Another change in the season and the carved pumpkins and scary decorations are put away until next year. There are still pumpkins on display, with the added display of squash, and corn, symbols of a bountiful harvest. There are some Christmas decorations sneaking in, but most people are enjoying the quiet thankfulness of November before moving on.
Before the US celebration of the harvest and gratitude, there is another that silently sits in the middle of the others. Veterans day is next week and was originally a celebration of Armistice Day, the end of hostilities for World War I. On the 11th day of the 11th month in the 11th hour, an armistice was declared between Germany and the Allied forces. Later the day was celebrated, with the hope that the horror of that war would stop other wars from starting. All too soon, other wars crept in and Armistice day seemed to limited in its celebration. As time passed, the day was renamed as Veterans day in order to honor veterans of all wars, not just World War I.
In addition, the United States Marine Corp celebrate the birth of the USMC on November 10th, so there is another reason to notice veterans. The Marines are proud and rightfully so, when their history is reviewed. They are often the first into battle and many have paid the ultimate price for their service.
For those who are not in the military, the days are just another day to get through, and easy to forget with all of the other holidays at this time of year. As I get older, I am more interested in this holiday and the implied recognition of service. I’ve been reading more of the US history and one of the common themes is people who have stepped up in service, military or otherwise, to help our country shine a light to keep away the darkness of chaos and destruction. Not all of those people were successful, but their example inspired others who continued to work to increase everyone’s lives, sometimes at the expense of their life.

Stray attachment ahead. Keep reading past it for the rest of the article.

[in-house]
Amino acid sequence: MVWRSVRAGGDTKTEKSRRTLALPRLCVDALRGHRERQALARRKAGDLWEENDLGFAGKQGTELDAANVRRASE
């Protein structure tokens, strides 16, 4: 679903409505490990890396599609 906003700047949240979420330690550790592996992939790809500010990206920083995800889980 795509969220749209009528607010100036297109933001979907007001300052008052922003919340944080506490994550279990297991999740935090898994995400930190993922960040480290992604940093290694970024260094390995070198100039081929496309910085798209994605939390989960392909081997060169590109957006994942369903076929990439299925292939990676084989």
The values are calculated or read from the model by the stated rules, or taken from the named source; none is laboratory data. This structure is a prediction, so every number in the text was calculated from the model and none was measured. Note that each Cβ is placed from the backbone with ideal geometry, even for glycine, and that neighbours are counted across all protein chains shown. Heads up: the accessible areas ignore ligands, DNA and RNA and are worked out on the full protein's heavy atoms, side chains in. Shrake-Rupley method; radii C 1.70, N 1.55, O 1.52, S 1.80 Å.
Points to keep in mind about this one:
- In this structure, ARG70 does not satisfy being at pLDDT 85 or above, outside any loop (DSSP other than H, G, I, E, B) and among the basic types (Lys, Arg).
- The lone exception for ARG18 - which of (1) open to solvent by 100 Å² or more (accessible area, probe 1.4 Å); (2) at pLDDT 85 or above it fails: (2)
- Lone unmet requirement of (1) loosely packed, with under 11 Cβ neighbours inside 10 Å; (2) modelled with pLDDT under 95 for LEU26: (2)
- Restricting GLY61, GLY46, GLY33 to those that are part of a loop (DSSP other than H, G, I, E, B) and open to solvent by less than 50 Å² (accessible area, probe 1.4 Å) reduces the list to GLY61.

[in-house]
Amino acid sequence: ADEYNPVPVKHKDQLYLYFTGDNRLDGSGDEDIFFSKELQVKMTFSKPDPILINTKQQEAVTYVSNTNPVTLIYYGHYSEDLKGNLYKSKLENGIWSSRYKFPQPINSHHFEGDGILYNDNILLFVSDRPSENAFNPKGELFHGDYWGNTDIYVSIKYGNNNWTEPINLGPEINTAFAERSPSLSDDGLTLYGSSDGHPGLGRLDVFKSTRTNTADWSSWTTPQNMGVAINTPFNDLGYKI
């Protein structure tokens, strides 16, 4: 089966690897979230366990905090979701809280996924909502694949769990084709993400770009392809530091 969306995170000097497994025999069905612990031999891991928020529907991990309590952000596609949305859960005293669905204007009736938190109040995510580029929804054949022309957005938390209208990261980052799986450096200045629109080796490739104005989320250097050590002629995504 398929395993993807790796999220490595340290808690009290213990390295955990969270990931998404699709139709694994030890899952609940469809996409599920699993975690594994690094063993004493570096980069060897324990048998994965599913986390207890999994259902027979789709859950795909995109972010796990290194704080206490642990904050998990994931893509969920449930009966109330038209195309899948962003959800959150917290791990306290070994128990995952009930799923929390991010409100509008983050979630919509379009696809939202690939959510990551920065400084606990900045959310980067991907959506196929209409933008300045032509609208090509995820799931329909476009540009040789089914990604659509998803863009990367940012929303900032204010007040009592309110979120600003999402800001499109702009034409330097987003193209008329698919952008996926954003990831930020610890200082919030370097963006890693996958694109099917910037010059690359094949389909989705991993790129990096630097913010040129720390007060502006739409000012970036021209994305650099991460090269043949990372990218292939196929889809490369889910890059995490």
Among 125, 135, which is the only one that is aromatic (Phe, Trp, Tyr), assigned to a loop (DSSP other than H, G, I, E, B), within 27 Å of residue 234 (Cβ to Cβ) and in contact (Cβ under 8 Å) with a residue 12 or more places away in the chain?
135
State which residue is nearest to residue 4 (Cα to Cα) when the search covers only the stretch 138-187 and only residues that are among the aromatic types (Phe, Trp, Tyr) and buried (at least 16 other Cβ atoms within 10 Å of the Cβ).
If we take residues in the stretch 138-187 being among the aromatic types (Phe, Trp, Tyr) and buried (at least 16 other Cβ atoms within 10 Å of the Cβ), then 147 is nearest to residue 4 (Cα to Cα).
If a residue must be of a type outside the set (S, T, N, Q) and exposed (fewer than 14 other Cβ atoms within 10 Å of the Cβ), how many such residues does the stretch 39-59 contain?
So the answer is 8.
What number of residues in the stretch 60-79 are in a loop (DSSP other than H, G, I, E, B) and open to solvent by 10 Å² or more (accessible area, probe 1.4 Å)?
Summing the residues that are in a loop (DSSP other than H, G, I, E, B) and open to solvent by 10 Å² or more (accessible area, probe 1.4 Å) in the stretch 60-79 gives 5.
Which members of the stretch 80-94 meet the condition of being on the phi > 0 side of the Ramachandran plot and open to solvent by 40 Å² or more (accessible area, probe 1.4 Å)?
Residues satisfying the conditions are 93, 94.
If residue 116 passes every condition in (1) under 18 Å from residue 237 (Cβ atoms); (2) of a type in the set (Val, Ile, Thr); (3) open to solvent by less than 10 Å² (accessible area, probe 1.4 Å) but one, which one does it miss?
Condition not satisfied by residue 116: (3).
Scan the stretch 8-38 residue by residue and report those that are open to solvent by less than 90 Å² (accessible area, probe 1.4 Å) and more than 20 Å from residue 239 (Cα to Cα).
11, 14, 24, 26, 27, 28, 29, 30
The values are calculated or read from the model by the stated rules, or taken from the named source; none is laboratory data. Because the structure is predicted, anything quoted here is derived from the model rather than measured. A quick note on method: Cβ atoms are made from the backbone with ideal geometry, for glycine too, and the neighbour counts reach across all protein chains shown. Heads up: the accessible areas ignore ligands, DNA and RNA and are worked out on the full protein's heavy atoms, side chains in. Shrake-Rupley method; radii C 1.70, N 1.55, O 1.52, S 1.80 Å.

So in between the spookiness, the thankfulness and the merriment, I am taking some time to reflect on service for the community and how that service acts as a redemption for benefits I’ve received from living in this society. I’m not just a person living off the good created by others but doing what I can to add to that common good and a better life for those who come after me. I may not be shining a spotlight in the world with my actions, but perhaps my candle, along with many others, will help to bring more light and joy to our world.
Pictures by J.T. Harpster - Prints available at https://shellcreek.redbubble.com/